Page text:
IT administrators will see SANs evolve into scales of 512 ports, 1,000 ports and beyond in the next two years.
IT administrators will see SANs evolve into scales of 512 ports, 1,000 ports and beyond in the next two years, according to product planners at a number of storage area network vendors.
The movement is the result of rapid data growth combined with data center consolidations, experts say.
For starters, McData Corp. which last week announced plans to acquire Sanera Systems Inc. for $102 million and Nishan Systems Inc. for $85 million, as well as invest $6 million in startup Aarohi Communications Inc.said it now has the parts it needs to expand its director-class switch leadership far beyond the 140 ports of its Intrepid 6140 Director.
The company, by the middle of next year, will relaunch Saneras DS1000 device, at 256 ports, with Fibre Connect for mainframes, officials said.
"A lot of our customers [already] have several SAN islands that can be hundreds and hundreds of ports," said Bob Williamsen, director of advanced development at McData, in Broomfield, Colo. Some would buy more than 256 ports today, but a real market, and thus McDatas products, wont exist until "a couple of years from now," Williamsen said.
McData picked Sanera for scalability, according to Williamsen. "Pretty soon, centralized processing isnt going to give you enough horsepower" to run service-level agreements and multiple virtual fabrics at 512- and 1,000-port scales, he said.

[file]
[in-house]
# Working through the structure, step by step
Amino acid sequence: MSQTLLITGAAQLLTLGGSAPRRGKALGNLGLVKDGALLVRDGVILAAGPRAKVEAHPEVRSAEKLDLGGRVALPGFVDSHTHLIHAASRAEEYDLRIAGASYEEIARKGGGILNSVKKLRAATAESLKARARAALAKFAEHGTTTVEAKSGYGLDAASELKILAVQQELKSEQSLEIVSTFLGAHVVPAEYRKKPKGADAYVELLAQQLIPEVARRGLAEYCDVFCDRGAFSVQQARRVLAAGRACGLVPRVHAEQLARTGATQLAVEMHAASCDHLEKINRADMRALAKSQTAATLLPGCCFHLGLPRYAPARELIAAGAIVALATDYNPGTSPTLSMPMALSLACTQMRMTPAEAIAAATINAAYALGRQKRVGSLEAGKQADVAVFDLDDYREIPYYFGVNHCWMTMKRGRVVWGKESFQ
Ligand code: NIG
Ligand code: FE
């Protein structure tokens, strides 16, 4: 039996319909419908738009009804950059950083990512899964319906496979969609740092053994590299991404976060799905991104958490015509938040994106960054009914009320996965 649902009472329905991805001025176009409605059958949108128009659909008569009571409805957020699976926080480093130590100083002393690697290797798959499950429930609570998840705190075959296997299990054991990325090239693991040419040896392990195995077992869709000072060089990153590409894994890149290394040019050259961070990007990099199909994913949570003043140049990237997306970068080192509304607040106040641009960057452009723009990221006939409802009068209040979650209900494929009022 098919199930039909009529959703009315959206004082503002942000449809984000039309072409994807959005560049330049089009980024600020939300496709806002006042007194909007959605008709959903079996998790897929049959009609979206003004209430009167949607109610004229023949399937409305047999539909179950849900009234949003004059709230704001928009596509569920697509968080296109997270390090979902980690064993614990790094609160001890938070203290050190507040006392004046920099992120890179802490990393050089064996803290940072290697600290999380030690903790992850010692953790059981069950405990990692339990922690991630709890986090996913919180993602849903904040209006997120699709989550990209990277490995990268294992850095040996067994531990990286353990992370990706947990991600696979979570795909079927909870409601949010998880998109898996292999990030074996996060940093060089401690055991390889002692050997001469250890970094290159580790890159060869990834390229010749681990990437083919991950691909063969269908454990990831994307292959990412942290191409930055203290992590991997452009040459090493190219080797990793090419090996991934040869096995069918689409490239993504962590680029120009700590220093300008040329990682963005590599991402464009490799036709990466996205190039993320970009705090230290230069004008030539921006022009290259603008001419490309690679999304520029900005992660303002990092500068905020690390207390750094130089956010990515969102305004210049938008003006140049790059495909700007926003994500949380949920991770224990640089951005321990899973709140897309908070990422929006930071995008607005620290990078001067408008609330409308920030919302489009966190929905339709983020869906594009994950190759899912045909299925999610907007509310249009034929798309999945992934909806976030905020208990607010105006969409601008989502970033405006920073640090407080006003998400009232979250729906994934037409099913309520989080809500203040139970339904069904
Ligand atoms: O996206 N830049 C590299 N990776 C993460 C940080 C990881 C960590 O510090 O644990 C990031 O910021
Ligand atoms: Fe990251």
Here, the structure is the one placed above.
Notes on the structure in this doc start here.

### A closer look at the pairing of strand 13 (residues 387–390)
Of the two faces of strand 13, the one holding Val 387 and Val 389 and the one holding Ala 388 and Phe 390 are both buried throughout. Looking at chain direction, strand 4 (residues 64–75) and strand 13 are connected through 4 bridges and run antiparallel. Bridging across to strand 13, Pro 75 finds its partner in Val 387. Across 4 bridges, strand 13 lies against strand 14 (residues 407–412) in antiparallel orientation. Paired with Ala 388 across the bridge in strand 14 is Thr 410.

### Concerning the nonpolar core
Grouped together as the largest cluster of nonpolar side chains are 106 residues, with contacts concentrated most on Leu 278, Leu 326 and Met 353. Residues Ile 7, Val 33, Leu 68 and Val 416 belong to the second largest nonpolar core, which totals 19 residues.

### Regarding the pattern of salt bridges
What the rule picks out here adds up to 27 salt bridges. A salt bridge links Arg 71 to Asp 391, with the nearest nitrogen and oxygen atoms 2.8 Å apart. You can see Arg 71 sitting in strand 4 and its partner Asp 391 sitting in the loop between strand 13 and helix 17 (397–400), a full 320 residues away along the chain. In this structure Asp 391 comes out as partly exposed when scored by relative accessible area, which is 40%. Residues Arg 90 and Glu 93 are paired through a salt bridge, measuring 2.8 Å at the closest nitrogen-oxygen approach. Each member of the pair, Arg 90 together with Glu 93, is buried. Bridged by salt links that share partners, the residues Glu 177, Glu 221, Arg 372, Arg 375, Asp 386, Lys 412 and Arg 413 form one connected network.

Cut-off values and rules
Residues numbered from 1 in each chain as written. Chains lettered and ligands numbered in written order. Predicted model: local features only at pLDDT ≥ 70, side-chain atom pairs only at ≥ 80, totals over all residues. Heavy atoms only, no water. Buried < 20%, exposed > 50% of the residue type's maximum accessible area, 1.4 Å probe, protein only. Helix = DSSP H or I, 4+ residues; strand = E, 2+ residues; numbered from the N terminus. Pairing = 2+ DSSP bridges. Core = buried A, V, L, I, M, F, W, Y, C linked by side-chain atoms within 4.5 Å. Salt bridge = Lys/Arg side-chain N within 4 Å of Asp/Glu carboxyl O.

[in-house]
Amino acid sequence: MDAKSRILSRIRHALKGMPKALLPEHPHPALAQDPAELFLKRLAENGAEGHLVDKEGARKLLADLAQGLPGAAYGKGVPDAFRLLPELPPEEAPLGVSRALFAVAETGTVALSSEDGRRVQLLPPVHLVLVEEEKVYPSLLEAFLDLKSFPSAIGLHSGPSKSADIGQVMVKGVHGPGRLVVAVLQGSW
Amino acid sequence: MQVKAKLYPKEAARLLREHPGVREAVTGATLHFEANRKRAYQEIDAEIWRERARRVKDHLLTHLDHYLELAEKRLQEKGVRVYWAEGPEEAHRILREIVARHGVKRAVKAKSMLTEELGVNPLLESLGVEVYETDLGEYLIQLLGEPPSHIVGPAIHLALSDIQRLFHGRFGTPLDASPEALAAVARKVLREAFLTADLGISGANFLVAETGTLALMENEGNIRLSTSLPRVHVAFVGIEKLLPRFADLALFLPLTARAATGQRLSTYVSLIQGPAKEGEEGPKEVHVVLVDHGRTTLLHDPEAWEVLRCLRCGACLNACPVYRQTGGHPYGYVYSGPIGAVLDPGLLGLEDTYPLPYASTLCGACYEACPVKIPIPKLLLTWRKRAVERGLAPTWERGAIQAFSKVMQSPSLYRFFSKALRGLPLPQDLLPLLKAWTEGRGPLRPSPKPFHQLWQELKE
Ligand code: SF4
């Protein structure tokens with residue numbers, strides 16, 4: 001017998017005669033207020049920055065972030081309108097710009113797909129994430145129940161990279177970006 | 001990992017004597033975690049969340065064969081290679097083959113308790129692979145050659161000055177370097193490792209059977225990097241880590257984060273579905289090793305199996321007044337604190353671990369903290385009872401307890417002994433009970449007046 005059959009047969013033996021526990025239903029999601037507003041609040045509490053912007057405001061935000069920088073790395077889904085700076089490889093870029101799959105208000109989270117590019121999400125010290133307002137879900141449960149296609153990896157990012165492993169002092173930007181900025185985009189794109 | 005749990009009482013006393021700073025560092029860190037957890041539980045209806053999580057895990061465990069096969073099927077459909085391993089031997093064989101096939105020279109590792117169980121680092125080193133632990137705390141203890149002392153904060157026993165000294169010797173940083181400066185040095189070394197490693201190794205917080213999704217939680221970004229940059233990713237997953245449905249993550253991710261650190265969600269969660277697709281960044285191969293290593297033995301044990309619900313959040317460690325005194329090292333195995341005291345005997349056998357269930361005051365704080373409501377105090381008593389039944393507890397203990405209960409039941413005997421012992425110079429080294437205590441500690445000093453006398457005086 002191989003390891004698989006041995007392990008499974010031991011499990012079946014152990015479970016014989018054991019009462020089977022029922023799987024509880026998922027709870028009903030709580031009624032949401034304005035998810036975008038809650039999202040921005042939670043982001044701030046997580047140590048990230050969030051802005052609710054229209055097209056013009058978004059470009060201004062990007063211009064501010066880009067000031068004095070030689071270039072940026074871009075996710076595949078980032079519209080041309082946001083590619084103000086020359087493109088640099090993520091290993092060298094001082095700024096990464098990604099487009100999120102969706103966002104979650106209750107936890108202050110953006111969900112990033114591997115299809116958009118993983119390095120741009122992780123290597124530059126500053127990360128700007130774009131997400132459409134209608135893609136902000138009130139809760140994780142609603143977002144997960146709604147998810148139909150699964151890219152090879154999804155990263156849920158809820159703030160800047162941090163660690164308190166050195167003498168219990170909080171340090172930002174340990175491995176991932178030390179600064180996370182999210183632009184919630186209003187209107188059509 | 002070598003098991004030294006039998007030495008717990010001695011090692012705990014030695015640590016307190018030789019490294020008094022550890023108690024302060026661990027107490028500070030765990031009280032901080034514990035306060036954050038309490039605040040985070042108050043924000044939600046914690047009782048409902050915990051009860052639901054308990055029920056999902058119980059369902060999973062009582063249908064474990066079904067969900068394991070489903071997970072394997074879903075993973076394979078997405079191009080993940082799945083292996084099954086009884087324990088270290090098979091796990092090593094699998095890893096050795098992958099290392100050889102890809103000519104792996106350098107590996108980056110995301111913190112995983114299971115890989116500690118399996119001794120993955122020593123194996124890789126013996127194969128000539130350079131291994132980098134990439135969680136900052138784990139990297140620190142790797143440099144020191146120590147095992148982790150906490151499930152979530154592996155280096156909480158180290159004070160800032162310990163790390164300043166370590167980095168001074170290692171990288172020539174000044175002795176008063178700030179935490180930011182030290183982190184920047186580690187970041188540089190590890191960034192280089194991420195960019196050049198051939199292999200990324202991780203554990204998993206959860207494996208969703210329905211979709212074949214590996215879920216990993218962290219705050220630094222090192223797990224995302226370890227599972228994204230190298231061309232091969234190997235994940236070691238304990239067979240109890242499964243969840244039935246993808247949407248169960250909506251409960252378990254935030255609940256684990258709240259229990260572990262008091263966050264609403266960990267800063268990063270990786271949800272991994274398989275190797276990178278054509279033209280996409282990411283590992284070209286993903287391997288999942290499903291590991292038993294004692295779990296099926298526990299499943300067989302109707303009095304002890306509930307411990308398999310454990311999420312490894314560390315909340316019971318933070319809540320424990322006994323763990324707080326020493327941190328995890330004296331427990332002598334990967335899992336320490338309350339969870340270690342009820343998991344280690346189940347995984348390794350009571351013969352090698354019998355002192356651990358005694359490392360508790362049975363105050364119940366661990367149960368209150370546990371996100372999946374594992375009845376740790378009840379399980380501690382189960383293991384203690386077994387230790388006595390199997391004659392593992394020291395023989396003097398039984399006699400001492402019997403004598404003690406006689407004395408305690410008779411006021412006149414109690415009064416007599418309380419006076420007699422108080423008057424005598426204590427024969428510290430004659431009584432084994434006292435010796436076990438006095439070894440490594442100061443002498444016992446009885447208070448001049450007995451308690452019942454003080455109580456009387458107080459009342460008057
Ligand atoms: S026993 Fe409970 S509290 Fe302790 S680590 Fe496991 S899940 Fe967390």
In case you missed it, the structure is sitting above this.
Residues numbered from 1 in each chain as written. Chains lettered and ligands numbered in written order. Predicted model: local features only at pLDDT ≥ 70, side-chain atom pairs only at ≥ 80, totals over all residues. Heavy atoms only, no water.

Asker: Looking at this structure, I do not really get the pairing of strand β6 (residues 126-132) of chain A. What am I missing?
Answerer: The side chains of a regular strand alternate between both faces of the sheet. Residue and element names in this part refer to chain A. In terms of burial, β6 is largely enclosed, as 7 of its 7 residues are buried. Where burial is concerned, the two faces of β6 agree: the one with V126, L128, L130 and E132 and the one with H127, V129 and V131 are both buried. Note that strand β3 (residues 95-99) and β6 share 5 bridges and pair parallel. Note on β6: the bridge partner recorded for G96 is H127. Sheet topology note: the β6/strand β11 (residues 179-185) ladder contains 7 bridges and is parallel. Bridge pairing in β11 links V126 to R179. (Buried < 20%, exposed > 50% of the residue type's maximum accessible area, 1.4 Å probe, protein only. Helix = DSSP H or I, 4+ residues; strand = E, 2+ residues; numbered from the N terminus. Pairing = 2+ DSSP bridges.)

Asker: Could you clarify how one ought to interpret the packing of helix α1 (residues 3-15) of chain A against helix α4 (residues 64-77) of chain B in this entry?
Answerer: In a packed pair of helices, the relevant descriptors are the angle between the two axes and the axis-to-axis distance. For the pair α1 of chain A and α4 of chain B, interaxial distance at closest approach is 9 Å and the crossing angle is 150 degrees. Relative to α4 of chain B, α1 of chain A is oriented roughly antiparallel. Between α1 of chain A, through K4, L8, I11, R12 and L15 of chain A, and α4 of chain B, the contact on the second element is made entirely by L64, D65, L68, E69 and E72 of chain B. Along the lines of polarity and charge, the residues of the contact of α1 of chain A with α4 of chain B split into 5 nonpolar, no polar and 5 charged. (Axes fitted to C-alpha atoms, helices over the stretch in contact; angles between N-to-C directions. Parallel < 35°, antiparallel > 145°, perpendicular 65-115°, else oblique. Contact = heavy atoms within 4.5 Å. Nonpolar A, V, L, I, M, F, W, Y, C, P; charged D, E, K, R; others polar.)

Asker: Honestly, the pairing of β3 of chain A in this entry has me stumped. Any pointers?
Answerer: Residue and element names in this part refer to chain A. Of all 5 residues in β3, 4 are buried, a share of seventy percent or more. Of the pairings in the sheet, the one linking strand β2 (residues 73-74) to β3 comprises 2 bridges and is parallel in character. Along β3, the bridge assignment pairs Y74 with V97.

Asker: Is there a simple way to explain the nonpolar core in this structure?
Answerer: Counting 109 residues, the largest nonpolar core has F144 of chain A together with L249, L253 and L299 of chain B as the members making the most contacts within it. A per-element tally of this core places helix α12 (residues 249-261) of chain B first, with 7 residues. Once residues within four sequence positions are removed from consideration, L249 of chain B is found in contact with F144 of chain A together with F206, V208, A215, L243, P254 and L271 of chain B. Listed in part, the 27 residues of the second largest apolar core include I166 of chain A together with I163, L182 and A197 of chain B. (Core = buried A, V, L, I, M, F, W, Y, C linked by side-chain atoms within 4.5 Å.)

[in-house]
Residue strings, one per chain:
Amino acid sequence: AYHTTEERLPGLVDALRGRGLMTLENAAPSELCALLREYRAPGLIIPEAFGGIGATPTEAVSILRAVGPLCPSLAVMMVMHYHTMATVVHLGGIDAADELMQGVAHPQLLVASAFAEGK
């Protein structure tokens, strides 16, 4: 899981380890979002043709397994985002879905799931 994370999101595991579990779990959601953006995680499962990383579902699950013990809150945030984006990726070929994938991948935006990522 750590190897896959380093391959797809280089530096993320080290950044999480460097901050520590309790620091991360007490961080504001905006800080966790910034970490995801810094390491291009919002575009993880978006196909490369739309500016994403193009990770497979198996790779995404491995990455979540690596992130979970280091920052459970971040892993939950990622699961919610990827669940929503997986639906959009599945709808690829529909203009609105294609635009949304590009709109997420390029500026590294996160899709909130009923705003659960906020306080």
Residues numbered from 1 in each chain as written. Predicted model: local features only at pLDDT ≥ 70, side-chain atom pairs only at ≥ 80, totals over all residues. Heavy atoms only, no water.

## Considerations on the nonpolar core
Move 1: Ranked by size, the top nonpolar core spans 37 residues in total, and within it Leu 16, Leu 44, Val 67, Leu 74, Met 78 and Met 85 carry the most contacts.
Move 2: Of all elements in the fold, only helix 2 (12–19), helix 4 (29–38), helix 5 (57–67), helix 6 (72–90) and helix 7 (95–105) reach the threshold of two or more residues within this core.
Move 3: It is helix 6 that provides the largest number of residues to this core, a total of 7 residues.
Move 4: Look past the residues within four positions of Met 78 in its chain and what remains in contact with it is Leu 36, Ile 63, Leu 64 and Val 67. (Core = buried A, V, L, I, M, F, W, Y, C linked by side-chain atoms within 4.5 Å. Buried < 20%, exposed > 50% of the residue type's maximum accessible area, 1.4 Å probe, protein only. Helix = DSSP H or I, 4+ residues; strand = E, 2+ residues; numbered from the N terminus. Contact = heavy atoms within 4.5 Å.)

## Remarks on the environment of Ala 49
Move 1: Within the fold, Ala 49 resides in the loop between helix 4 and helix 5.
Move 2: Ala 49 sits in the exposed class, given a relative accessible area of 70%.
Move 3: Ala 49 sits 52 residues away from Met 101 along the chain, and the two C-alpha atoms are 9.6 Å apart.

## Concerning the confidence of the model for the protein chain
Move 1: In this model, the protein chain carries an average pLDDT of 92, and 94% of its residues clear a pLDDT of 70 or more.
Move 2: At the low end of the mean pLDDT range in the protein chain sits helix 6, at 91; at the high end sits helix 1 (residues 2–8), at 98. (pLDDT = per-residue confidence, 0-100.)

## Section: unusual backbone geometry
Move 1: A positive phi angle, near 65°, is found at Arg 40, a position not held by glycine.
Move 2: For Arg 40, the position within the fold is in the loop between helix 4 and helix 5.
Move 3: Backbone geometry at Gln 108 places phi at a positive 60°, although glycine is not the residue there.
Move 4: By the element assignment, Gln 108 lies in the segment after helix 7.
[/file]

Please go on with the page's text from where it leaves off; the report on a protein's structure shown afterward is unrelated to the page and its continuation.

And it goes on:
Inrange, the SAN switch division of Computer Network Technology Corp., of Minneapolis, plans to give large switches more port intelligence, application awareness and fault isolation, said Mark Knittel, group vice president of product operations. "The requirement that were working against is clearly to go beyond 256 and into the 512 region, maybe even 1,000, by the end of next year," Knittel said.
|Lines in the SAN
|Future large-scale switches
||256 ports next year, 512 by 2005
||256 ports now, 512 next year
||300-plus ports now, 512 next year
Startup Maxxan Systems Inc., in San Jose, Calif., has larger switches on its road map and is expecting to have a 512-port product by early next year, Chief Technology Officer Mike Witkowski said.
Bob Massengill runs Wake Forest University Baptist Medical Centers SAN, in Winston-Salem, N.C. "Over the next 12 to 24 months, I could see that [well] be up in the 200-to-300-port range," Massengill said. The hospital plans to add 100 to 150 servers next year, as well as possible disk-based backup and off-site replication, he said.